Those lazy days of summer
Posted July 5, 2007on:
My brain is in one of those periodic stages of low production. I just want to read and read. Paradise Lost is quickly overtaking everything, like a Caribbean octopus spreading out its tentacles, connected by thin spans of skin, effectively blocking any interference from other books. I started Alphabet of Thorns but…it is not going well. I am ticking off the cliches one by one, the orphan with a special, mysterious past, the Magical Artefact (a book with a naturally unassuming appearance), the ruler of kingdoms in peril, and there are mages (mages! I’ve never read a fantasy novel with one of those things before). McKillip’s writing style could have saved it but she’s turned it down in this one, so to speak, and it’s only during any romantic moments that there is any tension…otherwise it’s all humdrum.
Still, there are fascinating details. The heroine, Nepenthe, is a translator, and the peoples’ various languages, old and new, have letter systems largely based on elements of nature, fishes, for example, or thorns like the Magical Artefact. The way McKillip described the translating is a pleasure to read because it’s so imaginative. In this excerpt she’s helping a visiting scholar translate his discovered document.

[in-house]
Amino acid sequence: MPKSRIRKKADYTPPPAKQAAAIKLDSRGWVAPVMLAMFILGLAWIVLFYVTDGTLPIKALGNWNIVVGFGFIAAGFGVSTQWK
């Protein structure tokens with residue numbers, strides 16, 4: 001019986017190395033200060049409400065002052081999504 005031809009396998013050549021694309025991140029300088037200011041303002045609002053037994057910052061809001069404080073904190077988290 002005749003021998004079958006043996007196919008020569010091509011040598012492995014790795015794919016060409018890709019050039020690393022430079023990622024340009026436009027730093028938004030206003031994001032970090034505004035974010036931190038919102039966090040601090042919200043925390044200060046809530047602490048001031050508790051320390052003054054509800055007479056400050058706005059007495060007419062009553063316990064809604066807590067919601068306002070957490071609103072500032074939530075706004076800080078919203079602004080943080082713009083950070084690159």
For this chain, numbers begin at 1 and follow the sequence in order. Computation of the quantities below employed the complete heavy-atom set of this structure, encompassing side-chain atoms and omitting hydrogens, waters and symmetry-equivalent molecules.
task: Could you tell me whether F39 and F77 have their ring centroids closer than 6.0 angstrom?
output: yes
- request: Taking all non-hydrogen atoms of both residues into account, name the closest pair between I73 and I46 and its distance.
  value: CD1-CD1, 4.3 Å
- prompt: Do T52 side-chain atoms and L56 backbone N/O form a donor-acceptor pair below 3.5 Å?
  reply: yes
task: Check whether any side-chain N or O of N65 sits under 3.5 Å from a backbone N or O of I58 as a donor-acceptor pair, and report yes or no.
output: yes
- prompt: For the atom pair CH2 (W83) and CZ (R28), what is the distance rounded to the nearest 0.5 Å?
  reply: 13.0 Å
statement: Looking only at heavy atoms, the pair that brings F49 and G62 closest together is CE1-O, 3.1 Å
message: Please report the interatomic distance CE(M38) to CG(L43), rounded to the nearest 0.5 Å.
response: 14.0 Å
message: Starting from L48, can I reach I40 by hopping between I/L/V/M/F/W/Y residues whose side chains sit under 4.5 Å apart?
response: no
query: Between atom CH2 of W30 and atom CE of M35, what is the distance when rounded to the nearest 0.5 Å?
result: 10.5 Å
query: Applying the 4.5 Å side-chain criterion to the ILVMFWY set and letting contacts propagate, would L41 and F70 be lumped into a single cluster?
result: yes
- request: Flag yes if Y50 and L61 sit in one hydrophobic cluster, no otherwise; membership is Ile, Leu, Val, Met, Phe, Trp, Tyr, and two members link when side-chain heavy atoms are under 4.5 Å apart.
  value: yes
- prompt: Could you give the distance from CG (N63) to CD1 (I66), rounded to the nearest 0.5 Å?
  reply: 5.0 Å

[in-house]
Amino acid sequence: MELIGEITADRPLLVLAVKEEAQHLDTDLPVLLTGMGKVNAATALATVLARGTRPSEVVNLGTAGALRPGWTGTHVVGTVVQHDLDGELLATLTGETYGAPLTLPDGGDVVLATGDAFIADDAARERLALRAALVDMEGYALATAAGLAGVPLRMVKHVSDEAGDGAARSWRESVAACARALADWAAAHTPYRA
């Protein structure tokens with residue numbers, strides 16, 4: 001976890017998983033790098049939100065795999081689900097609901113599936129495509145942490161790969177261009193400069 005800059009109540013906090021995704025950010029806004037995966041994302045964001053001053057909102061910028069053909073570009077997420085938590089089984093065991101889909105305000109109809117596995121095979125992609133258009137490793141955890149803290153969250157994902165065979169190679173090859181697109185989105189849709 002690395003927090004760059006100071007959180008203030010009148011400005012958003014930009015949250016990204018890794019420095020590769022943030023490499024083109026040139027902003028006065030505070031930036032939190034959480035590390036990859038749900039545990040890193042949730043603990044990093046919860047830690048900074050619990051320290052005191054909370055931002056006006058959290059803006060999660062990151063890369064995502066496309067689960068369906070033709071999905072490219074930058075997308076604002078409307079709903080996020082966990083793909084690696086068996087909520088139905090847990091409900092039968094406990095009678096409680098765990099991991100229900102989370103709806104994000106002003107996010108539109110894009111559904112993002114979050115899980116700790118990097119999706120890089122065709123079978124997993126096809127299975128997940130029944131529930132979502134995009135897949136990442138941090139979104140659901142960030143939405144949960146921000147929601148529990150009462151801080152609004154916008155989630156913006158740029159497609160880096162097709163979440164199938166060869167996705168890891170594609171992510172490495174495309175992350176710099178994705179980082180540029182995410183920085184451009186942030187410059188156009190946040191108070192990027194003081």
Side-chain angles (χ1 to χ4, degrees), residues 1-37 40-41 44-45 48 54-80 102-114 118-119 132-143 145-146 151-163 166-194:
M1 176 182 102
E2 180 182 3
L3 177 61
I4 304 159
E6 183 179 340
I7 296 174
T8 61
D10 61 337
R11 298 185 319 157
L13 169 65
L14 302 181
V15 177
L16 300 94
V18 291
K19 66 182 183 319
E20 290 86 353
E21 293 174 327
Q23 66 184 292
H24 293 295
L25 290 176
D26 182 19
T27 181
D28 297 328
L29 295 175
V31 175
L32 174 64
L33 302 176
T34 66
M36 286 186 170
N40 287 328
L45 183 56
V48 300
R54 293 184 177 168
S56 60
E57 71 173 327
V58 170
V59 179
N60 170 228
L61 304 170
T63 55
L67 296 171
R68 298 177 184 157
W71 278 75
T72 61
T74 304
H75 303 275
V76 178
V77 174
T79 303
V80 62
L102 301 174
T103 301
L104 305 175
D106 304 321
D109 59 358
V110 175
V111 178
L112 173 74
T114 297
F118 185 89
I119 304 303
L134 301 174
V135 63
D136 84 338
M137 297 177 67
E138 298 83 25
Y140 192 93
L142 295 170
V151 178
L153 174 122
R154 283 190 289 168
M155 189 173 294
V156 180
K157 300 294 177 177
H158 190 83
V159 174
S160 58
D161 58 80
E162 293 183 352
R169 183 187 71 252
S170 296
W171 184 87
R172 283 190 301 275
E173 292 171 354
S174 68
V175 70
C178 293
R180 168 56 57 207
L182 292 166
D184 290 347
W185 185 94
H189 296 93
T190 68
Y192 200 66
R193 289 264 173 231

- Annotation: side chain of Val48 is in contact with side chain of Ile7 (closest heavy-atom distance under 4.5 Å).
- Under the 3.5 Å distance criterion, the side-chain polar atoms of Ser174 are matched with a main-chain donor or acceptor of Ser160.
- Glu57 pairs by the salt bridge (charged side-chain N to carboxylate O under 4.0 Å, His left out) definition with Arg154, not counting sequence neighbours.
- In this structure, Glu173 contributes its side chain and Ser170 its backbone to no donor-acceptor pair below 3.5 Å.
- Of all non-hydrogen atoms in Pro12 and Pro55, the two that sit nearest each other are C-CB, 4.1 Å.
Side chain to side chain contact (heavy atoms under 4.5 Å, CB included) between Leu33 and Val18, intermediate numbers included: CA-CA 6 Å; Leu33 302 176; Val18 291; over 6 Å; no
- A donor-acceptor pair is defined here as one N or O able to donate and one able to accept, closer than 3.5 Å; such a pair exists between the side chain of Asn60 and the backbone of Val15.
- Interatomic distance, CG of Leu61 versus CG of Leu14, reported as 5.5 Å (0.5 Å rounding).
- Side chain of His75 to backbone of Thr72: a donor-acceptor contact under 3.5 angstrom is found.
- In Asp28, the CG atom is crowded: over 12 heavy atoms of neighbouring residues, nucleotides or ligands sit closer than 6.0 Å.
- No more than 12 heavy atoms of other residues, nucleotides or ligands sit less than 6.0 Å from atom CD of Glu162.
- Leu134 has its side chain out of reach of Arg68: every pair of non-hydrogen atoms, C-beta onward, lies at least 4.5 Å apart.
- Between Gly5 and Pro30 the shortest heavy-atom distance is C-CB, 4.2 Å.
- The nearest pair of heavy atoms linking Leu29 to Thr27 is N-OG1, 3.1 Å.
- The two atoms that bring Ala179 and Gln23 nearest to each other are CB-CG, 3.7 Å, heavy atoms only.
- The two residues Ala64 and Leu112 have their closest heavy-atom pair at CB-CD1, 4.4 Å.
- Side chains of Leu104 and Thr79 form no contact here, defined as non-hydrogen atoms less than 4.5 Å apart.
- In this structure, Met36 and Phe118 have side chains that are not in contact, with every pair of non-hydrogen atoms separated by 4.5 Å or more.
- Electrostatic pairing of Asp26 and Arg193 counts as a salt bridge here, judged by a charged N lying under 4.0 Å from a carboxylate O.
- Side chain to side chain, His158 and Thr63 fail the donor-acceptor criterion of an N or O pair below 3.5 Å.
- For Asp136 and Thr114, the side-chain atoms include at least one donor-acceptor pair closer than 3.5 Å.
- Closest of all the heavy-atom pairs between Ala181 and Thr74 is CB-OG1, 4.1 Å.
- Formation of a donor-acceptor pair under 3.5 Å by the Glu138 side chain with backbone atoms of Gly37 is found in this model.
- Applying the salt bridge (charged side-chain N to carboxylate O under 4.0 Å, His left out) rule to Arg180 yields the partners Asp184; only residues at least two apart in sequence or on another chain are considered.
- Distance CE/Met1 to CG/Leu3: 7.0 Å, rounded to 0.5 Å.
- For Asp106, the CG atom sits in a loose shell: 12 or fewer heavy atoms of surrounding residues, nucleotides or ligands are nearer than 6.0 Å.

They discussed the oval, finny letters with an eye here, a gill there at random. He told her his ideas; she puled down previous alphabets she had deciphered, one seemingly of twigs, another of bird-claw impressions in wax….She dreamed that night about fish, bright flashing schools of them whose whirls and darts and turnings this way and that meant something vital in a language of a fish. But what? She struggled with it, trying to persuade her unwieldy human body to move gracefully among the little butterfly fittings, until finally in her dream she swam with them, wheeling and shining, at ease in the water, speaking the invisible language of fish.
That’s not enough to save the story though. I fear I’m in for a very typical fantasy but I have not given up on McKillip yet. (She may drive me to re-read choice bits of Winter Rose though.)
Even when Paradise Lost is somewhat boring I’m not disenchanted. God is a defensive, demanding, self-absorbed creature in Book III and no amount of numerous praise and hosannas from Milton changes that. Jesus comes off as a goody two shoes. Theologically the heavenly scenes were disorienting — no Trinity ergo Christ becomes just a part of the celestial hierarchy, different ideas of what “grace” is and so on. The descriptions of the angels’ praises after Jesus offered himself to “satisfy for man” were pretty great but I sighed with relief once the view lowered and I got to hang with the Adversary again. I’ll do a proper post on Book III.
Really I started this post because I wanted to alert you Penguin’s new marketing idea to readers.
We’re creating a blog on which every single Penguin Classic is reviewed by ordinary readers and whether they love it or hate it, we’re publishing what they have to say. At the moment we’re recruiting readers to get involved – email us here and if you’re in the first batch, you’ll get a free book (randomly chosen so be prepared for anything from Austen to Xenophon) and time to read, digest and review.
I’ve signed up already. Isn’t it a splendid idea? Update: Fran blogs about the potential pitfalls in Penguin’s scheme to get readers to do its dirty work for free.